Flashcards in Review posters 03/05/2016 Deck (46):
How is the supply of NAD+ recreated?
Anaerobic respiration creates NAD+ in the conversion of pyruvate to lactic acid.
Oxidative metabolism of pyruvate.
What is the purpose of the pyruvate dehydrogenase complex?
To catalyse the decarboxylation and oxidation of pyruvate to form the 2 carbon acetyl coA. (oxidative decarboxylation)
Is allosterically regulated by phosphorylation.
Actively determines glucose oxidation in well oxygenated tissues.
How does pyruvate enter the mitochondrial matrix?
H+ gradient created. Ion channel called the H+/pyruvate symporter allows facilitated diffusion of pyruvate into the mitochondrial matrix.
Which enzyme in the TCA cycle is not from the mitochondrial matrix?
What is the net yield of one turn of the TCA cycle.
3 NADH + H+
Pyruvate dehydrogenase deficiency
Carried on the X chromosome.
Only occurs in females.
Causes mental retardation, seizures, poor muscle tone. persistent lactic acidosis and resp problems.
Fumarate dehydrogenase deficiency and hereditary leiomyomatoses and renal cell cancer (HLRCC)
Result from defect in fumarate dehydrogenase (TCA cycle enzyme).
Causes muiltiple systemic, benign and malignant tumours.
Type 1 hypersensitivity reactions are mediated by which antibodies.
Describe the hygiene hypothesis
Early exposure to microbes in the environment means children are less likely to develop allergies. Overly protected, sterile environments mean childrens immune systems are not mature enough to deal with the new antigens.
Describe the pathophysiology of a type I hypersensitivity reaction.
On first encounter: Allergen is in the body.
Mast cells bind to the allergens antigen via Fc receptors and destroy it. IgE antibody created by B cells specific to allergen.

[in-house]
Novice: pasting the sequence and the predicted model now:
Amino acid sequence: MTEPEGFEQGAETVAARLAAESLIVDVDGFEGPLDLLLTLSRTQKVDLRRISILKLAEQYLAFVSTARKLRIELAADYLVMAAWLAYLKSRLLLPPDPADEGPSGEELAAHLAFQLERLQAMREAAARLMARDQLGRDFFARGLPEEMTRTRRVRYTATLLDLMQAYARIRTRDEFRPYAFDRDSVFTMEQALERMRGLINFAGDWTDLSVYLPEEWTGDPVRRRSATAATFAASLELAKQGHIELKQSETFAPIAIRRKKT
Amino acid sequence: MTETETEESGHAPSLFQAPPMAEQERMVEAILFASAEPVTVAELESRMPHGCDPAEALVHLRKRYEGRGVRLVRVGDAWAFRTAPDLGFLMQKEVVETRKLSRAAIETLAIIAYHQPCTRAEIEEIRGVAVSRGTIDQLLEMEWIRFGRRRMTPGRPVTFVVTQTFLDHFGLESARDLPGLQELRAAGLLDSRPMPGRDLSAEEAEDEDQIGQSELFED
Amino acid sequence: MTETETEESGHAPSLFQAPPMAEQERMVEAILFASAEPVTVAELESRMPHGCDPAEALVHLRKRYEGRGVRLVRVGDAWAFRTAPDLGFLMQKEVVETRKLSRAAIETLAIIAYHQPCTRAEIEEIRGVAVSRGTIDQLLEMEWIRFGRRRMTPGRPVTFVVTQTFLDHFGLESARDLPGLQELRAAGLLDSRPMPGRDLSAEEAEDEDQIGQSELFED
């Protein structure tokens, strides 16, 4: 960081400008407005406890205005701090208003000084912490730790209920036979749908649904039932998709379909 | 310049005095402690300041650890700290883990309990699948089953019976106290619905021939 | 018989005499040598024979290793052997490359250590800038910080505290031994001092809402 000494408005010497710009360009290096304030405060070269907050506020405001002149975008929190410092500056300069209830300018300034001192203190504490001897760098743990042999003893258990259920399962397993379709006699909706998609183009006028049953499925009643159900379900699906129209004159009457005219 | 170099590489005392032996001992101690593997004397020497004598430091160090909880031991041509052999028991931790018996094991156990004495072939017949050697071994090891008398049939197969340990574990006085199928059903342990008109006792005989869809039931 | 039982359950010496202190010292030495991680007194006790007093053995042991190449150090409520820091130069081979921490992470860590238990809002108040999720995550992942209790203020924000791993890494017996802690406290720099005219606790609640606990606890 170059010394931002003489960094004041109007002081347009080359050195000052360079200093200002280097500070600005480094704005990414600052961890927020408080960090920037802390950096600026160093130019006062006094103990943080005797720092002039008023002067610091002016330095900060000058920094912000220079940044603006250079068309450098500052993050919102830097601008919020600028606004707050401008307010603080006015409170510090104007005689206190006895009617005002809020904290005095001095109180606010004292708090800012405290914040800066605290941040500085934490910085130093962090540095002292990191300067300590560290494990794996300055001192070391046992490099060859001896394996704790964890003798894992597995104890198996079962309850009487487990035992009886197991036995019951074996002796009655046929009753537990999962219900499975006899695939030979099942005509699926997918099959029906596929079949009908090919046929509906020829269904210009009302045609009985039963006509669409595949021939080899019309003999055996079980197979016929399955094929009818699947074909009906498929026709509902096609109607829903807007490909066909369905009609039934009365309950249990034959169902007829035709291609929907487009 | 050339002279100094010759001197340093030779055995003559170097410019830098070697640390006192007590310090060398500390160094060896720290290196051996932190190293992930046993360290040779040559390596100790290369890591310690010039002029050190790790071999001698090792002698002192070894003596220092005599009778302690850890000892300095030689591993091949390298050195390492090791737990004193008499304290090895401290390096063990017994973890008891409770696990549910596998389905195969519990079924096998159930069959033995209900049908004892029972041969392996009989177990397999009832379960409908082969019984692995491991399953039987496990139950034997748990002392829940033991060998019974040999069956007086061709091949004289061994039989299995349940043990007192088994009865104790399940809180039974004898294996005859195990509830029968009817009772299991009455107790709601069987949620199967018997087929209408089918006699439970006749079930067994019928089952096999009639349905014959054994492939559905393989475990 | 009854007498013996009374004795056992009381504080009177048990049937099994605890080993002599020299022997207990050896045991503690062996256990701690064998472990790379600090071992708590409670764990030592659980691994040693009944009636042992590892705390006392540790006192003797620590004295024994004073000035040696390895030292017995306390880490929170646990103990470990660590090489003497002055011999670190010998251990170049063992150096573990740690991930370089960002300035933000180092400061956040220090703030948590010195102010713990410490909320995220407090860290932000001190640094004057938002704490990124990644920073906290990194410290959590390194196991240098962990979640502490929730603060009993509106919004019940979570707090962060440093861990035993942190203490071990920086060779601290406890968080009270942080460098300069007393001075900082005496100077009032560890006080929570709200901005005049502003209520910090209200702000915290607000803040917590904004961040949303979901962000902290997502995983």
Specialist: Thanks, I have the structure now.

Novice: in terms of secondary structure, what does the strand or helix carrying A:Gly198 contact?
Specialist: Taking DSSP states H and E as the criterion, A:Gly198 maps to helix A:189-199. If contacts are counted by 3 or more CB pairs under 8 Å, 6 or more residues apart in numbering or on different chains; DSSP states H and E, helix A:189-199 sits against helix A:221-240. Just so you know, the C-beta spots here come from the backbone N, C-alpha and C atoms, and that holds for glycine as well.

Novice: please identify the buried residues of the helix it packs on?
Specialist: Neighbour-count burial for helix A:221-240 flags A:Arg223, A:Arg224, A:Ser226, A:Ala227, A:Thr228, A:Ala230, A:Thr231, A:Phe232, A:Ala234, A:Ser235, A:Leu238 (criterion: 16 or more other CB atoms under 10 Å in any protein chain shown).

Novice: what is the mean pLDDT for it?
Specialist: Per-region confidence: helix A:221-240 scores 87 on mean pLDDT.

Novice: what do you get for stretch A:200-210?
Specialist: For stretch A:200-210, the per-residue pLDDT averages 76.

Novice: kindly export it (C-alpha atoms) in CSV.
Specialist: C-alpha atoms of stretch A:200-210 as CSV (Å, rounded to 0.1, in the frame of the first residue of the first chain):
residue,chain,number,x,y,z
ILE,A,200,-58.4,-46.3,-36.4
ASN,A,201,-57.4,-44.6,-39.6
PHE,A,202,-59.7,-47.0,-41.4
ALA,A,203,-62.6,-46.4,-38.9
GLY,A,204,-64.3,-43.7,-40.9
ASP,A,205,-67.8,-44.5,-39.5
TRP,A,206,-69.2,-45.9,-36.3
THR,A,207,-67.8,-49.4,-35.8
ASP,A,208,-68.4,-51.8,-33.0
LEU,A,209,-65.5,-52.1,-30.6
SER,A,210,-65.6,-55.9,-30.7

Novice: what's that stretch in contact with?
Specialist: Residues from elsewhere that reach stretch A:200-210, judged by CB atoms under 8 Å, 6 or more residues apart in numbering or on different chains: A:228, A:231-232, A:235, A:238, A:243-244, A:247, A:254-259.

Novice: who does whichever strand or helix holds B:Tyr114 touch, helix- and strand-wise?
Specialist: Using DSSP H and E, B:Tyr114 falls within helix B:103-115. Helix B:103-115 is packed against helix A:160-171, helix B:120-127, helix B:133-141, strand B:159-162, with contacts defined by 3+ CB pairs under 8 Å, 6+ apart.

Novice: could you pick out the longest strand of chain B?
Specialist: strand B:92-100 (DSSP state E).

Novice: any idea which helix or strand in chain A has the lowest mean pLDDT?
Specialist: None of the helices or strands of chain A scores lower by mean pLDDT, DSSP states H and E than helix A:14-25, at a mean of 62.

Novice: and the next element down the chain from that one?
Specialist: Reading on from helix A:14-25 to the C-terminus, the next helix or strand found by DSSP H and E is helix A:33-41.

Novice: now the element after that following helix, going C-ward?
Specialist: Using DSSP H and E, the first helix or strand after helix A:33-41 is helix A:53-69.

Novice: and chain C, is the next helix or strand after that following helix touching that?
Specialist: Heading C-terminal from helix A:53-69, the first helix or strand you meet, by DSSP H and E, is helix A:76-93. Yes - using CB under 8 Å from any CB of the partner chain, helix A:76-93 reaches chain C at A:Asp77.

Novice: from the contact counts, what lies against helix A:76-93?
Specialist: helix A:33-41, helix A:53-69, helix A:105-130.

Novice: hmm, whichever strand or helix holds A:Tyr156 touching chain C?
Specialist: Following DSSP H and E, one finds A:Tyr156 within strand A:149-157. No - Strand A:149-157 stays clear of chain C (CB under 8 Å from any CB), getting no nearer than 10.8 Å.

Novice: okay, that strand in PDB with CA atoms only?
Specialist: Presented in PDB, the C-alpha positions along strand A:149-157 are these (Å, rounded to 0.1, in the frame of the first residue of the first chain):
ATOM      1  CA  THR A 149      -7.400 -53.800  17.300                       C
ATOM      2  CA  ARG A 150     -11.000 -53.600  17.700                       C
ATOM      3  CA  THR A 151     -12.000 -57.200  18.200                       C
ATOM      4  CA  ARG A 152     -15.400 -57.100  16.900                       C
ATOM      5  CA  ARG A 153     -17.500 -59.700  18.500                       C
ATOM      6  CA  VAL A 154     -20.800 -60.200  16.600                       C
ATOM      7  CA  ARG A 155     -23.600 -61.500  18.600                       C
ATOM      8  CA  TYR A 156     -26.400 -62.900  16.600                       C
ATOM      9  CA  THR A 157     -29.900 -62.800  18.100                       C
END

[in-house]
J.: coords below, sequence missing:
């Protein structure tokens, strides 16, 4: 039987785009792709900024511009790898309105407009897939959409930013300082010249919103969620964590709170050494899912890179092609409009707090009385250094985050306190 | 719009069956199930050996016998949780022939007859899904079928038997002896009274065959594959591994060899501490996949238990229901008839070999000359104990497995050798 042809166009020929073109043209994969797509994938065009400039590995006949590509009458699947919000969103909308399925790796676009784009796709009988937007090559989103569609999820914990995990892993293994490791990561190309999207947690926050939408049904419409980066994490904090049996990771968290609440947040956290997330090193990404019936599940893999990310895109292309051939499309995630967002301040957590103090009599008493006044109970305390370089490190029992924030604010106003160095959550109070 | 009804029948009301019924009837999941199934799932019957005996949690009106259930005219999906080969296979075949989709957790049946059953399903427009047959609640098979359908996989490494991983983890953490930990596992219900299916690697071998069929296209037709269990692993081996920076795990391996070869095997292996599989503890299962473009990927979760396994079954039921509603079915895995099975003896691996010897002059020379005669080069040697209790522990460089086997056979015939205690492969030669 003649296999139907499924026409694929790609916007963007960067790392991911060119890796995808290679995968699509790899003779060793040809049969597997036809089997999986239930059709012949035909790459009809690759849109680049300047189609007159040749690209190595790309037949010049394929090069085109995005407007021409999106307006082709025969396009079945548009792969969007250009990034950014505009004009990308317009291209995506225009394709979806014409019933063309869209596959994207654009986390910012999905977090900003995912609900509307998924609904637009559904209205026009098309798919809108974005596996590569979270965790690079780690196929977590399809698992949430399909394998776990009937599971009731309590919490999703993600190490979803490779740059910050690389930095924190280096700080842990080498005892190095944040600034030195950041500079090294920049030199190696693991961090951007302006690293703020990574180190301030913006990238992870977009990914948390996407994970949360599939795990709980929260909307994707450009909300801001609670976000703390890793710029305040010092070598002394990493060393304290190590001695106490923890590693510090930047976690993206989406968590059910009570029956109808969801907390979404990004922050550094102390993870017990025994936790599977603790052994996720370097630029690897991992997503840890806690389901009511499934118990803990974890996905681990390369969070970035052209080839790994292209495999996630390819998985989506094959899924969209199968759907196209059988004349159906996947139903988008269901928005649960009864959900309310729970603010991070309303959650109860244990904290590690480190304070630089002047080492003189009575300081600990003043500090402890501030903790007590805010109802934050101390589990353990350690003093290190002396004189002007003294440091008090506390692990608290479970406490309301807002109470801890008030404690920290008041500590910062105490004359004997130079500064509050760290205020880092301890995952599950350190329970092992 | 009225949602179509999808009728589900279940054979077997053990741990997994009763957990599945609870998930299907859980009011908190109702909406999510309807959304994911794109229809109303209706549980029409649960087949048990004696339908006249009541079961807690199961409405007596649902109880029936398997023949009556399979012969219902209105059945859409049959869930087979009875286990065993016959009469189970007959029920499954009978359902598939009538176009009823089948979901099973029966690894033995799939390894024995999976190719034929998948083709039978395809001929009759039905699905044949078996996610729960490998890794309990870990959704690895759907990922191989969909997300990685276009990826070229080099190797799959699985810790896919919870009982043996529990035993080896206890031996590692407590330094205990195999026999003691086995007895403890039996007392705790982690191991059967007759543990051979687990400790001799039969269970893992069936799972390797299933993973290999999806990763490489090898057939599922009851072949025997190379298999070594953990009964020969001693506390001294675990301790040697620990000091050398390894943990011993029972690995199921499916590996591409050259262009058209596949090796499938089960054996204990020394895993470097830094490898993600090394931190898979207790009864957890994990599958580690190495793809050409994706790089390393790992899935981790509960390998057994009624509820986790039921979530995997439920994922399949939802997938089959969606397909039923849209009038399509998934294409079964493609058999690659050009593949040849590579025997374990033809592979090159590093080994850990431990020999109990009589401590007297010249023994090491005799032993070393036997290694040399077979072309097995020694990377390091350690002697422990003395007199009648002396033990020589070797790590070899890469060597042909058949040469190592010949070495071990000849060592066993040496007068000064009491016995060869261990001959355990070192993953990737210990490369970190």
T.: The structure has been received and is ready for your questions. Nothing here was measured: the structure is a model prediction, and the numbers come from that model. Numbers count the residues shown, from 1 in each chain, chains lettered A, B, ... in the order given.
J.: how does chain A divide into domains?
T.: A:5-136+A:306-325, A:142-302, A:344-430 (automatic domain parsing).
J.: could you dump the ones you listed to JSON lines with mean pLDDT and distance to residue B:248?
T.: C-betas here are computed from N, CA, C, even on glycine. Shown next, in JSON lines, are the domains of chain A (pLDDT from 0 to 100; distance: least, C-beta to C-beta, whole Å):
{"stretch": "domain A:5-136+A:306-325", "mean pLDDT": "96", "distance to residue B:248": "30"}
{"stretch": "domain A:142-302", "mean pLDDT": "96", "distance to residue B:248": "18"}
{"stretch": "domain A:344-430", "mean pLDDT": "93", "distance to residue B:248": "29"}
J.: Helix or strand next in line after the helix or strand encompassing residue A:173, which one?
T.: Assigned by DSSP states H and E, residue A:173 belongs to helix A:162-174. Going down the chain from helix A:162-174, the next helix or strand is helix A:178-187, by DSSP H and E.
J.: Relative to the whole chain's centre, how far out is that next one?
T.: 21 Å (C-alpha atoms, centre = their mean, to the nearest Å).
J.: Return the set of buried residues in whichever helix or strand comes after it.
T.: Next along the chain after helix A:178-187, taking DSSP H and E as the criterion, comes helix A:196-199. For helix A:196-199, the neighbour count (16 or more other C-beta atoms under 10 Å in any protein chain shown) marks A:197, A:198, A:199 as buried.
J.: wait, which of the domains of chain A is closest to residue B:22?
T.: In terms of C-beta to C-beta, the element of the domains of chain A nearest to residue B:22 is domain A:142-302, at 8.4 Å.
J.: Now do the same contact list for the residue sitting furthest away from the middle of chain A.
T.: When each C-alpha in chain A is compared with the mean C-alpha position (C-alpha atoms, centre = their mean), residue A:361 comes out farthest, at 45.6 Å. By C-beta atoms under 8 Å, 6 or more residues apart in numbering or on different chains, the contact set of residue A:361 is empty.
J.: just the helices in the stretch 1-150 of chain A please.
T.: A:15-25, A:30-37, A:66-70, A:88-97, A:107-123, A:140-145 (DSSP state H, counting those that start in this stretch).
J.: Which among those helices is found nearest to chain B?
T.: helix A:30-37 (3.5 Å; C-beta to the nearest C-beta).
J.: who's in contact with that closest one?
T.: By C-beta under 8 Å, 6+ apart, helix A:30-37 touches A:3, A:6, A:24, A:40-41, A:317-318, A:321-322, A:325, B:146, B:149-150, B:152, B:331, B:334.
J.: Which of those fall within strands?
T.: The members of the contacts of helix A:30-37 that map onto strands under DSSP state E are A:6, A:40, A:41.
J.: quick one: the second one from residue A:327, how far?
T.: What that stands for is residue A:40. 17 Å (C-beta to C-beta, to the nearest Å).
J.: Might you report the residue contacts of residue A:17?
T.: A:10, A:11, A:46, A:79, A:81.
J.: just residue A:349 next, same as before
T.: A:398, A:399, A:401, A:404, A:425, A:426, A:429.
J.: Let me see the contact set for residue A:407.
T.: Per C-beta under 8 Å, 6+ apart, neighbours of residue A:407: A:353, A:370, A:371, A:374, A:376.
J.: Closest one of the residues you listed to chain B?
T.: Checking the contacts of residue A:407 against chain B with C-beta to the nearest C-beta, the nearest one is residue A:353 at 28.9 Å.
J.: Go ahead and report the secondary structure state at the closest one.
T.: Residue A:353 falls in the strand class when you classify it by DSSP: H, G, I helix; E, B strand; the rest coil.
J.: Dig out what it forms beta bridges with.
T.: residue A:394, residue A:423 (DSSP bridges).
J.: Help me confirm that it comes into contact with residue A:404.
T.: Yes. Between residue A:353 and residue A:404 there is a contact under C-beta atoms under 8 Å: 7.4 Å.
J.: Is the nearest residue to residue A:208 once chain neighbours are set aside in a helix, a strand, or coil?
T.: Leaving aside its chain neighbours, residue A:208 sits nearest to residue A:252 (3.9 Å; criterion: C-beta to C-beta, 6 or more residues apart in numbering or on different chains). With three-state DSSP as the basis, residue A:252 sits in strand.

On re-encounter: IgE antibody binds to allergen. Mass mast cell degranulation occurs (release of histamine, leukotriene D4 etc) to kill antigen.
Release of histamine causes smooth muscle spasm (bronchoconstriction), vasodilation (mass oedema) and leukocyte extravation.
Give examples of a type I hypersensitivity reaction.
How do you diagnose a type I hypersensitivity reaction?
Skin prick test
RAST test- measure amount of IgE in serum directed against specific antigen.
Anaphylaxis- mast cell tryptase (product of mast cell granules-wide spread degranulation of mast cells)
Treatment of a type I hypersensitivity reaction.
Adrenaline (for anaphylaxis)- mass vasoconstriciton
What is a type II hypersensitivity reaction.
Direct cell killing.
Describe the pathophysiology of a type II hypersensitivity reaction.
Macrophages and dendritic cells wrongly recognise a cell or antigen presenting cell. B cells then produce antibodies (IgG or IgM) which activates the complement cascade.
When complement is activated, C3 opsonises the cell to make it more attractive for phagocytosis whereas C5b forms the membrane attack complex which results in cell lysis.
Name the three main roles complement has.
Formation of the membrane attack complex.
Increase permeability of blood vessels.
Name an example of a type II hypersensitivity reaction.
Goodpastures syndrome- affects basement membrane of cells in the lung.
Guillian Barre syndrome-antibodies bind to peripheral nerve glycoprotien.
Immediate haemolytic transfusion reaction.
Can occur if as little as 1ml of blood is transfused.
Pyrexia and rigors.
Treatment of type II hypersensitivity reactions.
Avoidance of stimulus.
Plasmapheresis- removal of pathogenic antigen- blood removed by a cell seperator
Immunosuppressive therapy- plasmapheresis needs this to be effective (rebound antibody production would limit the effects).